• 73. Use Case Scenarios Symmetrix Note: For more details, refer to the EMC Symmetrix Management ConsoleManagement online help, available on EMC Online Support at https://support.emc.com. Console Follow instructions to download the help. To configure storage and port flags and an IP address on a VMAX array using the Symmetrix Management Console, complete the following steps: 1. Open the Symmetrix Management Console by using the IP address of the array. 2. In the Properties tab, left-hand pane, select Symmetrix Arrays > Directors > Gig-E, to navigate to the VMAX Gig-E storage port, as shown in Figure 15. 3. Right-click the storage port you want to configure, check Online, and select Port and Director Configuration > Set Port Attributes from the drop-down menus, as shown in Figure 15. Figure 15 EMC Symmetrix Manager Console, Directors Connecting an iSCSI Windows host to a VMAX array 73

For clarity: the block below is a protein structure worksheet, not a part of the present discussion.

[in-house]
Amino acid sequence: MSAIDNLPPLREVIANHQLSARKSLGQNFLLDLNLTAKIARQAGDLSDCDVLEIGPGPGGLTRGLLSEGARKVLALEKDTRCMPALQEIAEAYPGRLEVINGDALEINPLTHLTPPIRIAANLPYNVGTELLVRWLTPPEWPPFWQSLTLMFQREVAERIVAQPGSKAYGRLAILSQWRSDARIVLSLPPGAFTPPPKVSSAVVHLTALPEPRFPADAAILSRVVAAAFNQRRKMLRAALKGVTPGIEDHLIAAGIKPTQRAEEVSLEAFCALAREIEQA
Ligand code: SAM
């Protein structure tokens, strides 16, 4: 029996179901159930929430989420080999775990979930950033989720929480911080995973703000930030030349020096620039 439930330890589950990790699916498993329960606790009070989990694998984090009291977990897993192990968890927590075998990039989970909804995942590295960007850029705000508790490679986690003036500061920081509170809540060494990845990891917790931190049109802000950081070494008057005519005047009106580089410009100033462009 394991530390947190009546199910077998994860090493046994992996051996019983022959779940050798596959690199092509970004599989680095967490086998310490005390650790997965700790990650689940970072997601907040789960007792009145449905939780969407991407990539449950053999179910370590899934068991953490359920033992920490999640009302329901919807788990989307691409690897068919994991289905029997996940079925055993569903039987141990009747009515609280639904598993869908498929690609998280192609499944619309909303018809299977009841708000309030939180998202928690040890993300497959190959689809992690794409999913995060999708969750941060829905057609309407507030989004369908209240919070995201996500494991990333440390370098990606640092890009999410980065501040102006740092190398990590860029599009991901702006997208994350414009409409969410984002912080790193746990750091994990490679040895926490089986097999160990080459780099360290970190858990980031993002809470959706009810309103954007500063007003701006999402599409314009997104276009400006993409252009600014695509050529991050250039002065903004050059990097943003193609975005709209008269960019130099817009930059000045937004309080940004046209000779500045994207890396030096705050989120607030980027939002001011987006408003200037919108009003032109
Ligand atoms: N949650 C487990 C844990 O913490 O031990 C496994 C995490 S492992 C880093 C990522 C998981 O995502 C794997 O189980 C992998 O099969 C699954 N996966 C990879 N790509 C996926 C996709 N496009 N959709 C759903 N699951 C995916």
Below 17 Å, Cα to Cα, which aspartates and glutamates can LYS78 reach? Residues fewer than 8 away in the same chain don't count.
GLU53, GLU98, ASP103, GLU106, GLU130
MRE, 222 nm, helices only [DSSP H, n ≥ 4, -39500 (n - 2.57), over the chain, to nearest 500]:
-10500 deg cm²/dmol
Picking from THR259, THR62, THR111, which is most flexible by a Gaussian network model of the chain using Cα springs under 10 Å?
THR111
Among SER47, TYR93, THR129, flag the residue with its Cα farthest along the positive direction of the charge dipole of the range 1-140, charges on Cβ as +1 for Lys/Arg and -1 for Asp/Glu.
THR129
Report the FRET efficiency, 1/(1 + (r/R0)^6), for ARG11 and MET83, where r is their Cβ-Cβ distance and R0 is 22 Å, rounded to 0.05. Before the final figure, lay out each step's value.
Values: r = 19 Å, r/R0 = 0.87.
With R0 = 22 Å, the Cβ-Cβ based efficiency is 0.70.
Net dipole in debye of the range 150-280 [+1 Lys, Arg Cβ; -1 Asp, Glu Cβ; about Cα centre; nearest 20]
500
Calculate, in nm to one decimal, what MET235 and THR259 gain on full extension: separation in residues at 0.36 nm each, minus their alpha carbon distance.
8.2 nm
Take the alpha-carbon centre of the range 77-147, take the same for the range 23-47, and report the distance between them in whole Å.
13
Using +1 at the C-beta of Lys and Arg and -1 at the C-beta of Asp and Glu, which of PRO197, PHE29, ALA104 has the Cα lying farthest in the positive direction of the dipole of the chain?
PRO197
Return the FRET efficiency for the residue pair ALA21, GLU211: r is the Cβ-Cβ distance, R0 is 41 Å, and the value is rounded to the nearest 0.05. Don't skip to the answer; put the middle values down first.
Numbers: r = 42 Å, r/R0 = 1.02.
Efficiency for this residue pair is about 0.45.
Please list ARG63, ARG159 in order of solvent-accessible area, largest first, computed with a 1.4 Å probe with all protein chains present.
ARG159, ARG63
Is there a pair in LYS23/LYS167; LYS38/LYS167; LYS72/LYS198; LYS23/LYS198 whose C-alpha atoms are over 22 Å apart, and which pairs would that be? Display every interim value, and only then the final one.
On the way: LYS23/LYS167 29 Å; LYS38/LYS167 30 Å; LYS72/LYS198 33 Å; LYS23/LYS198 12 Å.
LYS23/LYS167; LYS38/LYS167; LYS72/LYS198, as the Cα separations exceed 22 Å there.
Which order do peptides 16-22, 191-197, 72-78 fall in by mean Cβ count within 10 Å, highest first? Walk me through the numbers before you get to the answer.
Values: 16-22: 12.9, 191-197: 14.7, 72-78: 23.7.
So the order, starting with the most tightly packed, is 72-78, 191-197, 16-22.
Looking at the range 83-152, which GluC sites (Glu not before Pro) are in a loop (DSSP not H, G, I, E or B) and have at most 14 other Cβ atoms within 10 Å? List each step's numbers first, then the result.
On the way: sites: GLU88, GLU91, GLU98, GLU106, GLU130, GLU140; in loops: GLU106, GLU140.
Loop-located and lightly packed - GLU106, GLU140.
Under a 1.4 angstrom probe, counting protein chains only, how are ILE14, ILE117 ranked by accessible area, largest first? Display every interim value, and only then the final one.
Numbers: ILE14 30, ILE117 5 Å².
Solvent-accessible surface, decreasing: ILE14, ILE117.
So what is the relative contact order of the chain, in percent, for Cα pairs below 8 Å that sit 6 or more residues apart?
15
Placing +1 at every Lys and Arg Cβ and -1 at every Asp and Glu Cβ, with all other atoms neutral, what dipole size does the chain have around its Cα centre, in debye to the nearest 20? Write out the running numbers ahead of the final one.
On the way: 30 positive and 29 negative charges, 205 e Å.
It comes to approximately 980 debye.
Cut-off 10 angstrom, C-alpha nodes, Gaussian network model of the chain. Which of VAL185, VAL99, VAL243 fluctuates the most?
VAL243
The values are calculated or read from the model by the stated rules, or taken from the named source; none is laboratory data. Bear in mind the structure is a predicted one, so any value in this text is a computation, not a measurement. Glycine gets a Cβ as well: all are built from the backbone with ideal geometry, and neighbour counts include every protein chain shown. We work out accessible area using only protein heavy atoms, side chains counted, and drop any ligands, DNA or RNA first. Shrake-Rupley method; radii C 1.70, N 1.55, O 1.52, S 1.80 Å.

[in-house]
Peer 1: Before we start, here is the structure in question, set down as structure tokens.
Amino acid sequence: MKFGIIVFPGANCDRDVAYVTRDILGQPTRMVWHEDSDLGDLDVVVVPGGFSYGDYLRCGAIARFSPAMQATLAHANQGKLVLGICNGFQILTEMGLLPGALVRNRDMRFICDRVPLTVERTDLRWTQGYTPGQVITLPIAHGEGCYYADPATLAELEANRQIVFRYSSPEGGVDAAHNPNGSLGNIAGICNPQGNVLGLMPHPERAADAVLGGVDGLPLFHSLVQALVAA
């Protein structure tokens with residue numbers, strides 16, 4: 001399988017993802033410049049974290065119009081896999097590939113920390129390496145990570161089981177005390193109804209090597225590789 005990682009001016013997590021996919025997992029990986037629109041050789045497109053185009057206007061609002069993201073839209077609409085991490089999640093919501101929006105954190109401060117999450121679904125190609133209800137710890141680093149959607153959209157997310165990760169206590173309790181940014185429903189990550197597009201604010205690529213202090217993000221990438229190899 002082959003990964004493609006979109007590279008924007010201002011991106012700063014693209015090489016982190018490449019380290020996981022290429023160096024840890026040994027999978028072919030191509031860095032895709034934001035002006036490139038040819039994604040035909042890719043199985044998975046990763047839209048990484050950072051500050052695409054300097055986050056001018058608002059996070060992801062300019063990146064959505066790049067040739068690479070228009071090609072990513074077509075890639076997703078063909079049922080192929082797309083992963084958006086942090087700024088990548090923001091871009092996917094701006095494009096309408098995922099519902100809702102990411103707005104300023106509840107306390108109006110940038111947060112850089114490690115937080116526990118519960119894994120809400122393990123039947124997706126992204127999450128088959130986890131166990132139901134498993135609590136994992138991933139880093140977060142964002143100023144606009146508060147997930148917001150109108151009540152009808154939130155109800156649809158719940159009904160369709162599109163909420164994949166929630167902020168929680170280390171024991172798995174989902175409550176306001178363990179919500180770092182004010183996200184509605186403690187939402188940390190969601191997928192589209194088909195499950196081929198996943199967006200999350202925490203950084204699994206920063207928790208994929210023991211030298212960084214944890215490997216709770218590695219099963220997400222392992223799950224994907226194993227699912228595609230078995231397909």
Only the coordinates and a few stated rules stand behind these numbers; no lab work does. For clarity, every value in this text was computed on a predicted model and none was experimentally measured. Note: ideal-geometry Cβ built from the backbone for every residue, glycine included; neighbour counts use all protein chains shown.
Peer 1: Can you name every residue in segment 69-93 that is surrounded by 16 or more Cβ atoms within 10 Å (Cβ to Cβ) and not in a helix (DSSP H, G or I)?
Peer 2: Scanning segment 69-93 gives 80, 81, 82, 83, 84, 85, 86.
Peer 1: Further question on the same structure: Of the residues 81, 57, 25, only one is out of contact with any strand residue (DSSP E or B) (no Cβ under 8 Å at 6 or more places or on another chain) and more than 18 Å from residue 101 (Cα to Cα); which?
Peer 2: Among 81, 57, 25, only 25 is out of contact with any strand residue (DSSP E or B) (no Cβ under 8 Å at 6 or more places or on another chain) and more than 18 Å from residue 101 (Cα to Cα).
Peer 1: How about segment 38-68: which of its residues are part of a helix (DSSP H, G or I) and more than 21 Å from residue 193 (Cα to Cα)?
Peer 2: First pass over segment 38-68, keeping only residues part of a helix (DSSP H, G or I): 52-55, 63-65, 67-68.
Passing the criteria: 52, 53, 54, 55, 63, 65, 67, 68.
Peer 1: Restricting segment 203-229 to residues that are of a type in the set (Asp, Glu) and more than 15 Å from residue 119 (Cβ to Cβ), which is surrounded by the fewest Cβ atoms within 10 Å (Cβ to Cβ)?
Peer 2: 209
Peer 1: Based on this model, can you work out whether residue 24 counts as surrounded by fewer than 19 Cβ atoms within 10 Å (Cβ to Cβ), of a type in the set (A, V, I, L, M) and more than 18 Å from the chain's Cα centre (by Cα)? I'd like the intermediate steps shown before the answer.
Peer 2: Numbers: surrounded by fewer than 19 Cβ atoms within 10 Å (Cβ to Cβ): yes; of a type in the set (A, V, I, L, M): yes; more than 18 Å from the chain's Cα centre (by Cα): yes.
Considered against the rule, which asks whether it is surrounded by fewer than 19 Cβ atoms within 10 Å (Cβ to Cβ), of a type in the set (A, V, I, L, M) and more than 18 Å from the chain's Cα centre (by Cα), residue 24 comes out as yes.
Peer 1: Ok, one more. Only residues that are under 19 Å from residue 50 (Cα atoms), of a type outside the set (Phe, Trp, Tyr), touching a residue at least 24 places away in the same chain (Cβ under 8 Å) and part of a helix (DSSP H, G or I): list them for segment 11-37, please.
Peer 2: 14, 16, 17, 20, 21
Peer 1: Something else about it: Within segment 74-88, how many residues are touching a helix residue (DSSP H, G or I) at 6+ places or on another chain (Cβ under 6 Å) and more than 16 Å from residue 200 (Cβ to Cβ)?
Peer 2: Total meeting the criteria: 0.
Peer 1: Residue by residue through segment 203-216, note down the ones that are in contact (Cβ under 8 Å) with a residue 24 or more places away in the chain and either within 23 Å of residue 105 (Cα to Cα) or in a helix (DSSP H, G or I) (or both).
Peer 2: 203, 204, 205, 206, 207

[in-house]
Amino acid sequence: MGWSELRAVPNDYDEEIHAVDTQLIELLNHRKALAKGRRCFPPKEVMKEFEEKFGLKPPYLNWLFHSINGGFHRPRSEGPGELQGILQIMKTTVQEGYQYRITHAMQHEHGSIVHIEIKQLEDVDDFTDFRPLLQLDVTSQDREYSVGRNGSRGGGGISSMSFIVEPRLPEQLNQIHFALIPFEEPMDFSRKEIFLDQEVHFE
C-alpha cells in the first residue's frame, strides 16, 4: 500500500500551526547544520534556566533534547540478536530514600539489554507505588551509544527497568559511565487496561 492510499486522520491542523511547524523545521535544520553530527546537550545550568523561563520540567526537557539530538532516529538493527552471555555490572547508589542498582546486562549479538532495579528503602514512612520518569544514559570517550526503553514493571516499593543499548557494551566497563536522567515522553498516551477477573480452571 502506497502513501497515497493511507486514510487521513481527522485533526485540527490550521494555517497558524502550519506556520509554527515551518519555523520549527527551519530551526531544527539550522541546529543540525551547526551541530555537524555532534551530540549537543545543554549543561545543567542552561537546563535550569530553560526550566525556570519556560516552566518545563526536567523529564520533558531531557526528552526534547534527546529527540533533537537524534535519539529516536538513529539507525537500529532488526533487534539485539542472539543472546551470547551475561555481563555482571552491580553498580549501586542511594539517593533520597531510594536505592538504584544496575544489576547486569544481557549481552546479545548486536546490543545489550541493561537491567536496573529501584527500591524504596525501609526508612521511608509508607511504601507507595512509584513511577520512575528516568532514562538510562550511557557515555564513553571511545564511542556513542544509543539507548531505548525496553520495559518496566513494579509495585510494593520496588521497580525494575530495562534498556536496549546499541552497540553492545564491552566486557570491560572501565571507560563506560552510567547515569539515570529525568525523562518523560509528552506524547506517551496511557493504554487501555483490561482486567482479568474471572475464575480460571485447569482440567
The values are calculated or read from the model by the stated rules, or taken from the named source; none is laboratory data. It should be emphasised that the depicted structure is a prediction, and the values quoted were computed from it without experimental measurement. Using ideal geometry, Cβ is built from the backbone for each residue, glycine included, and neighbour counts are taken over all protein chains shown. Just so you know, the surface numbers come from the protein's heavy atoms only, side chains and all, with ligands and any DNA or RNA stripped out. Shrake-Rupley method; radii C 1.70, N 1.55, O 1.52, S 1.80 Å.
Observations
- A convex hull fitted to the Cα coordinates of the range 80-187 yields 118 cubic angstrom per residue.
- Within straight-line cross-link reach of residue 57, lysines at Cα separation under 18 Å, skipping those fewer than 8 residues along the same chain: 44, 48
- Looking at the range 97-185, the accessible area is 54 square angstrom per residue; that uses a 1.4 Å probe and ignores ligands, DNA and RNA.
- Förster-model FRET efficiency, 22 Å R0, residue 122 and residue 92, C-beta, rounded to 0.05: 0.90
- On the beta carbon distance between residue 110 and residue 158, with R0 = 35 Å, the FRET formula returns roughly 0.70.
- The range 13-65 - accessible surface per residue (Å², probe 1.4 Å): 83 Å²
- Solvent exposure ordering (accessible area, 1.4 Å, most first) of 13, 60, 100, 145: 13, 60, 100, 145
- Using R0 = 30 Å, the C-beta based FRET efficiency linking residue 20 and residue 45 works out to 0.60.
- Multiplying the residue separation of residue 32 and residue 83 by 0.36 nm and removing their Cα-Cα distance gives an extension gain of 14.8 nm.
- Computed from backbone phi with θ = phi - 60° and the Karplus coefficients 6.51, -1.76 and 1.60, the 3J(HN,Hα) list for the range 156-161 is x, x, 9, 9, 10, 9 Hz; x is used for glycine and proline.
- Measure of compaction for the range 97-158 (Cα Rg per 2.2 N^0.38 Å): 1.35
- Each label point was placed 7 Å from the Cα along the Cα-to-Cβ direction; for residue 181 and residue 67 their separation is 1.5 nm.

• 74. Use Case Scenarios The Set Port Attributes dialog box displays, as shown in Figure 16. Figure 16 Set Port Attributes dialog box 4. In the Set Port Attributes dialog box, select the following, as shown in Figure 16: • Common_Serial_Number • SCSI_3 • SPC2_Protocol_Version • SCSI_Support1 Note: Refer to the appropriate host connectivity guide, available on EMC Online Support at https://support.emc.com, for your operating system for the correct port attributes to set. 5. In the Set Port Attributes dialog box, enter the following, as shown in Figure 16: • For IPv4, enter the IPv4 Address, IPv4 Default Gateway, and IPv4 Netmask. • For IPv6, enter the IPv6 Addresses and IPv6 Net Prefix.74 iSCSI SAN Topologies TechBook